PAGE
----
In 1958, winger Willie O'Ree became the first African American athlete to play in the NHL. Which team was responsible for breaking the color barrier? The Boston Bruins.
The second and third black players in the NHL were Mike Marson and Bill Riley, both signed by the Washington Capitals.
More than half a century since O'Ree's NHL debut, this week's April 25 game between the Caps and Bruins has thrust racial issues into the spotlight again. After Washington's Joel Ward clinched the winning goal against Boston, dozens of angry Tweets started appearing, using vile, derogatory, racist slurs -- some also threatening violence.
I'm an African-American. I'm also an owner of the Caps. I was born during the era of segregation. And I'm sickened and discouraged to be reminded such ignorance and hatred persists. It's been almost 50 Years since the March on Washington. It's 2012, people! Have we learned nothing? Even one racially offensive Tweet is too many. There is no place for this in hockey, or anywhere.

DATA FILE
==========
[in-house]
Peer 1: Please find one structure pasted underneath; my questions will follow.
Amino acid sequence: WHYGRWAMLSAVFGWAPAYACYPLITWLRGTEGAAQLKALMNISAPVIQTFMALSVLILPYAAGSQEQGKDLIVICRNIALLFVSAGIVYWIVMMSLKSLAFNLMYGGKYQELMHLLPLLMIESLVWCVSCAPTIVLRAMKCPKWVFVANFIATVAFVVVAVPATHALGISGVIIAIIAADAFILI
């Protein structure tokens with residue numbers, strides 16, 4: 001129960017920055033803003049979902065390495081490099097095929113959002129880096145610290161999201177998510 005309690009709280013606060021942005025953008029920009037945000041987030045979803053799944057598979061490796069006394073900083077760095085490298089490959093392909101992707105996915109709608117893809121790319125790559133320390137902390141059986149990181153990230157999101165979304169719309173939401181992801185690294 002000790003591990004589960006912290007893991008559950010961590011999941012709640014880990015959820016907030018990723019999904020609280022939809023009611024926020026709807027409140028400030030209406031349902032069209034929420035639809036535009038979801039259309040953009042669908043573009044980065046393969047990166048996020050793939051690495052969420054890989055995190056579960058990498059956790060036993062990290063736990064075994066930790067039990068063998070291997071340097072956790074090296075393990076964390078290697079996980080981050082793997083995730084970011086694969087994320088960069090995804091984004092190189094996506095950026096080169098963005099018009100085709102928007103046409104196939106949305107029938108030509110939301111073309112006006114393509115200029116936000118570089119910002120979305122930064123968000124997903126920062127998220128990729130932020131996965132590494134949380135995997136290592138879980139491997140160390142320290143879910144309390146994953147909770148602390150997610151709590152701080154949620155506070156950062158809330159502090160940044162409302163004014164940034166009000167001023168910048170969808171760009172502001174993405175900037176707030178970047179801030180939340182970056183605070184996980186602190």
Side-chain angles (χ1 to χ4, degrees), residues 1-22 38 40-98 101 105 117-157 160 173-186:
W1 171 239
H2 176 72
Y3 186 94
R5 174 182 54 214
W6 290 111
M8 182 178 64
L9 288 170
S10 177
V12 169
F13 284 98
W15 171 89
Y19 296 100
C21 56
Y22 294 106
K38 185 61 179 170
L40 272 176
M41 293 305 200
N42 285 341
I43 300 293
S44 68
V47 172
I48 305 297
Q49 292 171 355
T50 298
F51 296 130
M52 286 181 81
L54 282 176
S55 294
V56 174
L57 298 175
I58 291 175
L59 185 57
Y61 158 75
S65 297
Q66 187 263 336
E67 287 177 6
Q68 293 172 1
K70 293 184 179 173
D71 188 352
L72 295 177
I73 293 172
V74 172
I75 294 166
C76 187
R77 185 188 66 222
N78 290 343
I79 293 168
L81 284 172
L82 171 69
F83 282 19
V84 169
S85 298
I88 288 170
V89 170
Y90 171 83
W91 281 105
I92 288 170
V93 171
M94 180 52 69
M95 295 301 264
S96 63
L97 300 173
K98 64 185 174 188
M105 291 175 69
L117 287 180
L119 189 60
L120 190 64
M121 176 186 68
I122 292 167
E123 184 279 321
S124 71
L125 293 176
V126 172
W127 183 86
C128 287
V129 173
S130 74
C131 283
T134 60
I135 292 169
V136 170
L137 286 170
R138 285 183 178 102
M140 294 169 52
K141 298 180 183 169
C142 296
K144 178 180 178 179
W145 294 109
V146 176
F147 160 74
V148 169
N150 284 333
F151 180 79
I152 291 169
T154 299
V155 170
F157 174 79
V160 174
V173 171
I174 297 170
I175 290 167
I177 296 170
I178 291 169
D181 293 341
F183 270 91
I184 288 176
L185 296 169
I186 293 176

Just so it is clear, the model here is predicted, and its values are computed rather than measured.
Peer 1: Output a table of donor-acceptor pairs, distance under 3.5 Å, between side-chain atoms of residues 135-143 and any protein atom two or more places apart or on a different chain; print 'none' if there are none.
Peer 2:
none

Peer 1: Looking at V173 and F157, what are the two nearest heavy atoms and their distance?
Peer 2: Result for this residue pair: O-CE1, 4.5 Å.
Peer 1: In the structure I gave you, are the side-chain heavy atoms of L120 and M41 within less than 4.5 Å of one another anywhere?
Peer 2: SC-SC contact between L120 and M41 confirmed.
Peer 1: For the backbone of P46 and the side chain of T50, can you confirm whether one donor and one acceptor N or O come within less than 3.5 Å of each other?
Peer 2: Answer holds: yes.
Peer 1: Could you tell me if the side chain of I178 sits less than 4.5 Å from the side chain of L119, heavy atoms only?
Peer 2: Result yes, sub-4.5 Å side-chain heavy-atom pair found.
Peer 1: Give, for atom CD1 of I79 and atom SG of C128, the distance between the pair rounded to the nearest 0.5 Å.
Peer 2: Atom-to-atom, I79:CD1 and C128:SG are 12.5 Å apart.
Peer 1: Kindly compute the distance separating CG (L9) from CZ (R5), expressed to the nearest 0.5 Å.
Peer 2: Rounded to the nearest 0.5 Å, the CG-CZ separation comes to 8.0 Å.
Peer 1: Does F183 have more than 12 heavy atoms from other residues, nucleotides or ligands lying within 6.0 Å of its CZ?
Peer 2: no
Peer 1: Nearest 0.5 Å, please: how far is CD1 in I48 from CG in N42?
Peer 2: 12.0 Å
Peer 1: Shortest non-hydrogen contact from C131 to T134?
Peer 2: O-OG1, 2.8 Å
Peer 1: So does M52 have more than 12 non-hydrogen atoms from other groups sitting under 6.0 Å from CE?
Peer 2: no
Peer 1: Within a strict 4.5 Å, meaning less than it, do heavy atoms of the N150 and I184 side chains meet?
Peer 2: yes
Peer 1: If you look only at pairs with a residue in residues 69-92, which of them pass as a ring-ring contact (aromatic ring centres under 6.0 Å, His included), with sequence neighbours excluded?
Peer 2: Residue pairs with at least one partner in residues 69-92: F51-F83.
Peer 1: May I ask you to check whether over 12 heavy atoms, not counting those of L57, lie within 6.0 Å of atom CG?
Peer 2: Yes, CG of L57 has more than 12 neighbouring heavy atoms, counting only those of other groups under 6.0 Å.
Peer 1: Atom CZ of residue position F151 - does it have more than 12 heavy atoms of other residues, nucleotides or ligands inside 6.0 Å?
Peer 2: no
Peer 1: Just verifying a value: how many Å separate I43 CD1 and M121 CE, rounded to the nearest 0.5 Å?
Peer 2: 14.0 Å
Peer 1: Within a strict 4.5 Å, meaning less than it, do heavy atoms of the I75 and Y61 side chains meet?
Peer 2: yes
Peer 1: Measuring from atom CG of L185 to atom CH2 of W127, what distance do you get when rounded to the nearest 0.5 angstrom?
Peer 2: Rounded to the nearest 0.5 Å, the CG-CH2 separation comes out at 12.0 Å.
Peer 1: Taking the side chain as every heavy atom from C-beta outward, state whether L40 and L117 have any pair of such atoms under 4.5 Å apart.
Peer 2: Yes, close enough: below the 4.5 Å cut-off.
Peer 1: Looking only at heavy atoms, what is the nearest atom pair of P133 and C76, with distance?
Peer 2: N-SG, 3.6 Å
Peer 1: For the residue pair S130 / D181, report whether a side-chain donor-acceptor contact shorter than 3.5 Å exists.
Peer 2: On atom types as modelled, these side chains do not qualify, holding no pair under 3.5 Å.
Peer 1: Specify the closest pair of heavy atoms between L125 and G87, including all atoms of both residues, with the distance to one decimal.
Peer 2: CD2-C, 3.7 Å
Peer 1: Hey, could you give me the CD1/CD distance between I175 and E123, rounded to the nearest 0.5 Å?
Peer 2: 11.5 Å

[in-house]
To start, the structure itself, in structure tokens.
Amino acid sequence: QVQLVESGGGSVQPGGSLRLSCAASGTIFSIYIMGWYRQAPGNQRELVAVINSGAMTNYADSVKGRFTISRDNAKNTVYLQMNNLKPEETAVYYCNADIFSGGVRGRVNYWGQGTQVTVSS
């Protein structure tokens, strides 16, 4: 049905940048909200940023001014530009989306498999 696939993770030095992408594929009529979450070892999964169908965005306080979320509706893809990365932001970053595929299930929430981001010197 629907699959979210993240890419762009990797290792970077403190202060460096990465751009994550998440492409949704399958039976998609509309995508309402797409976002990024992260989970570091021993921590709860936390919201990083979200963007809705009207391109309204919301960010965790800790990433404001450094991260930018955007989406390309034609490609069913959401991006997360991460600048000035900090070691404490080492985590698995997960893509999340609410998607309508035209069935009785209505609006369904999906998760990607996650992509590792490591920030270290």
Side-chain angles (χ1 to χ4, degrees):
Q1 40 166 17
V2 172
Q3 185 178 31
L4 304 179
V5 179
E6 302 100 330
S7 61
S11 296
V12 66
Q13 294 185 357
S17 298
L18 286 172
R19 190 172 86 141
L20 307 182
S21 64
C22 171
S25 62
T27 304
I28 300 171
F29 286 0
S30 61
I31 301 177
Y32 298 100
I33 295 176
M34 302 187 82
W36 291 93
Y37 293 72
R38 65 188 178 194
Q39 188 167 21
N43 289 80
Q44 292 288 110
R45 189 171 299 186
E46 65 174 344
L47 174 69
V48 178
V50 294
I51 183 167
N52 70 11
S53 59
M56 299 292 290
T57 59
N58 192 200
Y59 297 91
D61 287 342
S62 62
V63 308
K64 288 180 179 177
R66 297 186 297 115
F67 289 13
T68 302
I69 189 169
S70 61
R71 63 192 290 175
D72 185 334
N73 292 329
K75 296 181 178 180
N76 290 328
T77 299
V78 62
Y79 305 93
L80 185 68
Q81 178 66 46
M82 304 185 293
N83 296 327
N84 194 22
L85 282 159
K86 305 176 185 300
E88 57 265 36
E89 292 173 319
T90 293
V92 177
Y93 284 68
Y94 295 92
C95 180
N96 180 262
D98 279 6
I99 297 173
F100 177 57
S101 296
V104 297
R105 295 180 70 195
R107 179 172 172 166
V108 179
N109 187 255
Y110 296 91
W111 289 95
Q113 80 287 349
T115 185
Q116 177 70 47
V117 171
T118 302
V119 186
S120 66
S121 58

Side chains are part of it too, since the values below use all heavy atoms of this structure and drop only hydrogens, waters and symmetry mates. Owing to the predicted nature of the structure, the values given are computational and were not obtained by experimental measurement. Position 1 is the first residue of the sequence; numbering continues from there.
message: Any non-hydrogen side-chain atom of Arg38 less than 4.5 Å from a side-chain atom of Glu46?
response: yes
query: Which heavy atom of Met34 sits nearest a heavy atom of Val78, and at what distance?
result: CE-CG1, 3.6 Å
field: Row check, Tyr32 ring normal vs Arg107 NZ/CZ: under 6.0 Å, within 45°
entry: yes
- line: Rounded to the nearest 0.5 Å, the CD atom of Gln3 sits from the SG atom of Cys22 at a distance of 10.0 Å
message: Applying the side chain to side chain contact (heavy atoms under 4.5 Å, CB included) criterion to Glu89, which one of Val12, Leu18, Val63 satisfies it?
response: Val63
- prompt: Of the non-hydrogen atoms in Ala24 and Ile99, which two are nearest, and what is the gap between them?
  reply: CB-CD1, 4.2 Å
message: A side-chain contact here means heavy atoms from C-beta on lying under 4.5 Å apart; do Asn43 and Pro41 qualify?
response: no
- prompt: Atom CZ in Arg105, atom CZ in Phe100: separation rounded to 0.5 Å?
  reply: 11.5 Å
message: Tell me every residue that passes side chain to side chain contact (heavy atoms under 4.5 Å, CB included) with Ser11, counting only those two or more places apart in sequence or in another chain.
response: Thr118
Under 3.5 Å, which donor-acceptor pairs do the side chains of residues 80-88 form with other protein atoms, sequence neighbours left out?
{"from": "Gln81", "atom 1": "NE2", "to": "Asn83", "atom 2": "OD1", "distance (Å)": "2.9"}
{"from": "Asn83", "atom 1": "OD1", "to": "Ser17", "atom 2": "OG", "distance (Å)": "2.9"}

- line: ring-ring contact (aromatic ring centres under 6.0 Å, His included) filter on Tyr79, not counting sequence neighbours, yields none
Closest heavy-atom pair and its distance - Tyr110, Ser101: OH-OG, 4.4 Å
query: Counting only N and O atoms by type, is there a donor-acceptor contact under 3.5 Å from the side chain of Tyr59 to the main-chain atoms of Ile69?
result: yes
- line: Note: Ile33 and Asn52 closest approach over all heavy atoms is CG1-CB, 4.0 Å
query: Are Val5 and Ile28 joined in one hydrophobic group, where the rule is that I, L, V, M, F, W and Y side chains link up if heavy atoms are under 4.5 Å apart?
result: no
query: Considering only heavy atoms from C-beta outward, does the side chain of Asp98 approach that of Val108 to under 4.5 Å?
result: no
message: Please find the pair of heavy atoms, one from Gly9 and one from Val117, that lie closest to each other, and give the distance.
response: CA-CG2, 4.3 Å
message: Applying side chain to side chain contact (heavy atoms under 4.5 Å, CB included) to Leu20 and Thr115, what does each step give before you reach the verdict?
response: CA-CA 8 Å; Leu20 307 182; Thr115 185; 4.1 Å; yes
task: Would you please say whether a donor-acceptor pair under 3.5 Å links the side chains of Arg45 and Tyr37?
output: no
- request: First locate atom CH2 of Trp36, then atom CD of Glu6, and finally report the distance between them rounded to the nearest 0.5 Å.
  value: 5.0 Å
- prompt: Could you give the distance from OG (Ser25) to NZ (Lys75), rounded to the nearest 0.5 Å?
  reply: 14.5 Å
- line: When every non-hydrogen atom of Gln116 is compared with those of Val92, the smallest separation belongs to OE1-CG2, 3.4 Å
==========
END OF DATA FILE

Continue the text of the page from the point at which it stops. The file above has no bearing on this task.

I couldn't be prouder of Joel Ward himself, who has shrugged off the online attacks; he said in an interview with USA Today, "There have been a lot of Boston fans who have supported me, which is very cool to see. No hard feelings from me. This is a game."
But if we want this game to be the best that it can be, then we need to make sure the game belongs to everyone; and that every child who loves to pick up a stick and get on the ice knows that he or she is welcome in the sport. On this issue, we should all be on the same team.
And beyond the rink, let's each do our part to fight racism and intolerance wherever it appears--to fight bad speech with good speech, to challenge prejudice with knowledge, and to stand up for what is right.